After setting sail from Ushant at 01:33 UTC this morning, the crew of the Maxi Edmond de Rothschild has already devoured the Bay of Biscay and is rounding the north-west tip of Spain and with it the renowned and dreaded Cape Finisterre this Sunday afternoon. As forecast, the NE’ly breeze has fleshed out throughout the day and is currently dishing up in excess of 30 knots with the sea building. The six sailors of Gitana Team have had to put in a fair few manœuvres to adapt both the sail area and their trajectory. However, these bracing conditions have not prevented Franck Cammas, Charles Caudrelier and their crew from finding their bearings and getting right into the swing of things on this long-distance race opening up ahead of their 32-metre giant.
“We have to be making an average speed of over 30 knots on the descent… things go quickly on these boats. However, our first night proved to be fairly calm after a superb departure from the dock in Lorient yesterday in glorious sunshine with our nearest and dearest. It was windy, but the sea is relatively well organised, which is enabling us to take up our watches and get into our rhythm” , admitted Charles Caudrelier, speaking into the microphone pointed at him by Yann Riou, the boat’s media man.
The course southwards passes around Cape Finisterre, a sector of navigation renowned and dreaded by sailors, as the co-skipper of the Maxi Edmond de Rothschild explains: “It’s an area of convergence for all the shipping headed up to northern Europe. There’s a concentration of merchant vessels here as they’re supposed to make the rounding using a narrow shipping lane, which we refer to as a TSS (Traffic Separation Scheme). It’s very busy and when you’re making headway at our kind of speeds, you have to be extremely vigilant so that you don’t get caught out as you cross tacks with another boat. On top of that, there is also a weather phenomenon, which particularly stands out in a NE’ly wind like we’ve got right now. It’s an area that’s well known for its accelerating wind as there’s a very high chain of mountains, which causes the wind to pick up along its length and behind it you can end up in a wind hole that must be avoided at all costs. It’s always a bit of a complicated passage here, where you hit strong wind with messy seas and shipping. With the accompanying manœuvres there’s a lot going on.”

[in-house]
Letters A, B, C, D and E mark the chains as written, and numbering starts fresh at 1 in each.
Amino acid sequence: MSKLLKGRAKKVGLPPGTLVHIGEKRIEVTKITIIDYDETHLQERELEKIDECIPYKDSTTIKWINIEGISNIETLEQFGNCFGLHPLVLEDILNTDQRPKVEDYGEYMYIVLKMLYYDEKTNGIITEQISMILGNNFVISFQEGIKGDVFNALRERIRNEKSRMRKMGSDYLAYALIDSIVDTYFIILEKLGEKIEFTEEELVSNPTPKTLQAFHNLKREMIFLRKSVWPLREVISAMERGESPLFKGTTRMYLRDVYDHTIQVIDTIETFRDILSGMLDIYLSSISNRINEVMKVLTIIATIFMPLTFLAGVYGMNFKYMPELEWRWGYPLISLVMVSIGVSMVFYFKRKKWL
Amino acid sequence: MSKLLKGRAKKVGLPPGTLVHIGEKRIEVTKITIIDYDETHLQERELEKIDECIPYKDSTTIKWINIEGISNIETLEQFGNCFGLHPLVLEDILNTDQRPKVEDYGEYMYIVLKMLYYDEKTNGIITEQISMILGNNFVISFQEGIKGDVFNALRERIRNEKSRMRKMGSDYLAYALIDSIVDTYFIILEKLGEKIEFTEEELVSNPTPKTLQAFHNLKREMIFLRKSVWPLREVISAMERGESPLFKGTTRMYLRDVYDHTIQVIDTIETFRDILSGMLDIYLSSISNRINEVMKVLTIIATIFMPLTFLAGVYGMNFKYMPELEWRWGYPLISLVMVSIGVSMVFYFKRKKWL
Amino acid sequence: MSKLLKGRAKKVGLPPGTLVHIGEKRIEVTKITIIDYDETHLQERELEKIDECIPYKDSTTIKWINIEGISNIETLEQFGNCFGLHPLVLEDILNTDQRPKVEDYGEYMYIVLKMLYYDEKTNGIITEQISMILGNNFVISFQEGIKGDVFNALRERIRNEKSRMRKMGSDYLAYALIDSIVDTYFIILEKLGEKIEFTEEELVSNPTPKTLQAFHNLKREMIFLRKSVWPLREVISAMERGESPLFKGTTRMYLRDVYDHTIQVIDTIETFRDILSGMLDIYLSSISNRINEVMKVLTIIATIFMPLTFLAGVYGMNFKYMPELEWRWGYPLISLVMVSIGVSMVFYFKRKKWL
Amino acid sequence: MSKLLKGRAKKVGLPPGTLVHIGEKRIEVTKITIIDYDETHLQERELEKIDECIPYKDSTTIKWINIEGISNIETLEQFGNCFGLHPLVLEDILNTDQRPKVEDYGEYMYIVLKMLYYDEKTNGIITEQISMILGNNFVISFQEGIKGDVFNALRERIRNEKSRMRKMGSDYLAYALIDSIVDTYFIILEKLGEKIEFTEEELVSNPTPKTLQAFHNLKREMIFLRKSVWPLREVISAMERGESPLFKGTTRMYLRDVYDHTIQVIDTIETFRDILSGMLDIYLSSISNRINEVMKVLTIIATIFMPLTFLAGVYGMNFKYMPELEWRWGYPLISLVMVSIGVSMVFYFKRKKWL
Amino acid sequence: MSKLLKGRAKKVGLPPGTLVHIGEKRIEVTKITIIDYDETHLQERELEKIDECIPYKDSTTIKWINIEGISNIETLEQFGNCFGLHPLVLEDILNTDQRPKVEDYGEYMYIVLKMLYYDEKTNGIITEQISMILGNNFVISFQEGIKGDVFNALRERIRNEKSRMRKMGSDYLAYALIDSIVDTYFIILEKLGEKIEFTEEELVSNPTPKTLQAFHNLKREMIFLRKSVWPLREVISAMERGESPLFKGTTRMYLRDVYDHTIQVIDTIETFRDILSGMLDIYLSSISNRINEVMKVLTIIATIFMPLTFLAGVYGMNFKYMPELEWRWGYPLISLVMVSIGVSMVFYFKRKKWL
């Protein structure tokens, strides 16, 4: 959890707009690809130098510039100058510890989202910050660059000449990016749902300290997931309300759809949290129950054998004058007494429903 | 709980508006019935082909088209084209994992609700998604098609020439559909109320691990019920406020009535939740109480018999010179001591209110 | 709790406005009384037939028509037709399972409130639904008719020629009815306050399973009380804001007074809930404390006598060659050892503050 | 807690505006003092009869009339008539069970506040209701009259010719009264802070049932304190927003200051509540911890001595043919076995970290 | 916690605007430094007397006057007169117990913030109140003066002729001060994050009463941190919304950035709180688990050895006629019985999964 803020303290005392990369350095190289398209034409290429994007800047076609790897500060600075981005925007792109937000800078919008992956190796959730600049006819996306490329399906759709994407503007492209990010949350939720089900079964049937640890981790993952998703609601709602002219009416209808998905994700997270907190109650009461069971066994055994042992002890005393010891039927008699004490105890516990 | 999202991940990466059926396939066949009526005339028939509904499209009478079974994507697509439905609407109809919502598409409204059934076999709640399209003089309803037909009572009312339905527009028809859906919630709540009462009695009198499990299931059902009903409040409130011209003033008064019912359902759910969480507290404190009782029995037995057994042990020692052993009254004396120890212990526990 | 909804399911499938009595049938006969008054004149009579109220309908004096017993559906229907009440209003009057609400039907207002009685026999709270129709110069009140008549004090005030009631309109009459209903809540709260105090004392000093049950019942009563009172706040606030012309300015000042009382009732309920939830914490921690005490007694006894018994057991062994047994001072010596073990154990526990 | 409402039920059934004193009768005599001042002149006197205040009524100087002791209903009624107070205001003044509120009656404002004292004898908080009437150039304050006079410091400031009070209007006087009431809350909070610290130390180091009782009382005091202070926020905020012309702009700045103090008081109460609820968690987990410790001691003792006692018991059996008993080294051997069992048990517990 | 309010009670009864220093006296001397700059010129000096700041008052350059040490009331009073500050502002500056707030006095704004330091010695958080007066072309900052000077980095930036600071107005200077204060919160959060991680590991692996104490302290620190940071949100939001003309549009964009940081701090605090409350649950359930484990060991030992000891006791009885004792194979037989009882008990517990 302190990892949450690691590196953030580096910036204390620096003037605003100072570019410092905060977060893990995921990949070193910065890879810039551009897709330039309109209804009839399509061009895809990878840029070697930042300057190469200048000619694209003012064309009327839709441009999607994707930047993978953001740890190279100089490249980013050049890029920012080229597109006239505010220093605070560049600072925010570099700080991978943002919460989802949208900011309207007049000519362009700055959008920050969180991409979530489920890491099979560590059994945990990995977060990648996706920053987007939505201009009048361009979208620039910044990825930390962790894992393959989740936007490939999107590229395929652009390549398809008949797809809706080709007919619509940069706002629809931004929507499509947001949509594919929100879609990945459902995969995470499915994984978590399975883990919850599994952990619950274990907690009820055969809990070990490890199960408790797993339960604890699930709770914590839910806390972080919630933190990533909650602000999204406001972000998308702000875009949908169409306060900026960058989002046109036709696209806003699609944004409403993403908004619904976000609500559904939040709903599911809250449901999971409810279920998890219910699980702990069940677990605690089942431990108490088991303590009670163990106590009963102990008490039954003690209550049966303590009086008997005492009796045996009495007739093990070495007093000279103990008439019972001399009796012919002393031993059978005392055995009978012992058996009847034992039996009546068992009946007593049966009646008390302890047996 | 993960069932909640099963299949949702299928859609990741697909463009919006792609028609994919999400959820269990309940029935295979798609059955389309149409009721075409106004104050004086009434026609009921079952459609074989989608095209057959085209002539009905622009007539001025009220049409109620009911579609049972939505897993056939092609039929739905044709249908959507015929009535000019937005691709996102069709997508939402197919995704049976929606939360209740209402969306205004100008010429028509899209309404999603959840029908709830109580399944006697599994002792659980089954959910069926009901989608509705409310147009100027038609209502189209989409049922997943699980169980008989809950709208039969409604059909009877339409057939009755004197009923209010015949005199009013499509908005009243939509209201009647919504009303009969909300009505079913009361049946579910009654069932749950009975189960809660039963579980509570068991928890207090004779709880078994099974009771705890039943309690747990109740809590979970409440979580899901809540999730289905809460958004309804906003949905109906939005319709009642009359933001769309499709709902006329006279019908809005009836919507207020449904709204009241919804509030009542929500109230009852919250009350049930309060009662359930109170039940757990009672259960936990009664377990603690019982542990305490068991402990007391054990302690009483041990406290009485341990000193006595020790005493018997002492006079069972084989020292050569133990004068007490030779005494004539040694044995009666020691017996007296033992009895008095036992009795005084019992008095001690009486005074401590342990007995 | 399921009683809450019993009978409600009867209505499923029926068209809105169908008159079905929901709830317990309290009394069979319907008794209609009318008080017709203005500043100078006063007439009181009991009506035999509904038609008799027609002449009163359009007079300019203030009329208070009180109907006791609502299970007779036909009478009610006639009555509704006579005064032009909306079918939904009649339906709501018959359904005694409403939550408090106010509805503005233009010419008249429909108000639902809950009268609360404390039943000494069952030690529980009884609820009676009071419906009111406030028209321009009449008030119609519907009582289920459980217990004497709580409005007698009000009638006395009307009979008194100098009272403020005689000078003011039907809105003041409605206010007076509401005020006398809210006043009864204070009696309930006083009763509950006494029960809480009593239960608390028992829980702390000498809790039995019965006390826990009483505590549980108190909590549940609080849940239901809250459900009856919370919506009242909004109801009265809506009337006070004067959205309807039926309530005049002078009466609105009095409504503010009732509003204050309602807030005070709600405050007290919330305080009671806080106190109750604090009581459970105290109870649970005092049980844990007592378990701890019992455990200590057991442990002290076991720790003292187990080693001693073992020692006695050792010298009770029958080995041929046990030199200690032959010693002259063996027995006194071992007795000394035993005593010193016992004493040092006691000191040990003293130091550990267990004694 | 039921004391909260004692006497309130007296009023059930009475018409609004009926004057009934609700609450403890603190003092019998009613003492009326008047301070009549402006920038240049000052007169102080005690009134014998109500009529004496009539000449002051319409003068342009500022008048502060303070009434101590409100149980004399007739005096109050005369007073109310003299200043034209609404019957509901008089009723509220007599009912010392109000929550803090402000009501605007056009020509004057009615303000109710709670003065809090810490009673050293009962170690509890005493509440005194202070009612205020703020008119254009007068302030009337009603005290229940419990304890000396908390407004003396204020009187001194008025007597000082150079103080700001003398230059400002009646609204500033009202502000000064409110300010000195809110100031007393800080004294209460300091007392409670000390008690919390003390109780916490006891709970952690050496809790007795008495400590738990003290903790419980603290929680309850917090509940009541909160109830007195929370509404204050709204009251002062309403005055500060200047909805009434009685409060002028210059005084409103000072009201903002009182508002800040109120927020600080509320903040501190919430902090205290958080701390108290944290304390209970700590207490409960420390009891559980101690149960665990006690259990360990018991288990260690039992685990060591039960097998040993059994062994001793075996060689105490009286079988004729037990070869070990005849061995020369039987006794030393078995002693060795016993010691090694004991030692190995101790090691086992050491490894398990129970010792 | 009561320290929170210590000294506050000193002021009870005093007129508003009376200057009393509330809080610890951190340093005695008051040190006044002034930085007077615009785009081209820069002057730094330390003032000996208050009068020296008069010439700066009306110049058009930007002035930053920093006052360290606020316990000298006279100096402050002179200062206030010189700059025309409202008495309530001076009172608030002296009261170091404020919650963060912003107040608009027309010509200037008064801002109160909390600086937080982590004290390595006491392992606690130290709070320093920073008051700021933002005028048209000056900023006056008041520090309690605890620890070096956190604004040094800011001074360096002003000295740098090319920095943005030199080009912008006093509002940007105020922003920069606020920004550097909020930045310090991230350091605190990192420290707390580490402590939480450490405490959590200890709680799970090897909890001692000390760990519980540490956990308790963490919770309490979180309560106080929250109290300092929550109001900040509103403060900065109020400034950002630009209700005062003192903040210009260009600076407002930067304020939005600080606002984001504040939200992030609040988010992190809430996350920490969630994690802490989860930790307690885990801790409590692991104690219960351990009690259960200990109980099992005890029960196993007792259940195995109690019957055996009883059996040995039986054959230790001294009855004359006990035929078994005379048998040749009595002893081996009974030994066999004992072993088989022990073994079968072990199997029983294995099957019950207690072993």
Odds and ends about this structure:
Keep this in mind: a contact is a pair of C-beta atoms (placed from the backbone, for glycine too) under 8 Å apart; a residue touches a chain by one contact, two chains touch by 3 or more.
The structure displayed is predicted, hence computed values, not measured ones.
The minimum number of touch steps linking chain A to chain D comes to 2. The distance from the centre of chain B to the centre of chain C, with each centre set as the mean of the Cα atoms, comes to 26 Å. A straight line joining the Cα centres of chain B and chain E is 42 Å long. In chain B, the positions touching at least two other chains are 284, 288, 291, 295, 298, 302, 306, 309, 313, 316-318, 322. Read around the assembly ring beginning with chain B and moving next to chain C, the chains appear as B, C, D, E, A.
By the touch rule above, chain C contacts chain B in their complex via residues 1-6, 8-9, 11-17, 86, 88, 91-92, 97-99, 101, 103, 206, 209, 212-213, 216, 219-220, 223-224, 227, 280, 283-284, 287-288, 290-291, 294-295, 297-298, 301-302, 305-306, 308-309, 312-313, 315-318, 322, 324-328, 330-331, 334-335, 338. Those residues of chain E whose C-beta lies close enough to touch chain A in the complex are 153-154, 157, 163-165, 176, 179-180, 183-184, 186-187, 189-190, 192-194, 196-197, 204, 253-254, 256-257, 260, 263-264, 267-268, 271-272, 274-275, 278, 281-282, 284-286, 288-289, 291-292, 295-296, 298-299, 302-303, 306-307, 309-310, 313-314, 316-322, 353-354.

Continuing on her way at high speed, the Maxi Edmond de Rothschild is quickly gaining ground to the south. Charles Caudrelier believed that there would be another 24 boisterous hours, but the forecast is already promising a rapid improvement. This will serve as added motivation for the six sailors, who are all too aware that in the coming hours, temperatures will soar aboard the flying maxi-trimaran, treating the crew to some much milder sailing conditions as they make towards the trade wind of the northern hemisphere.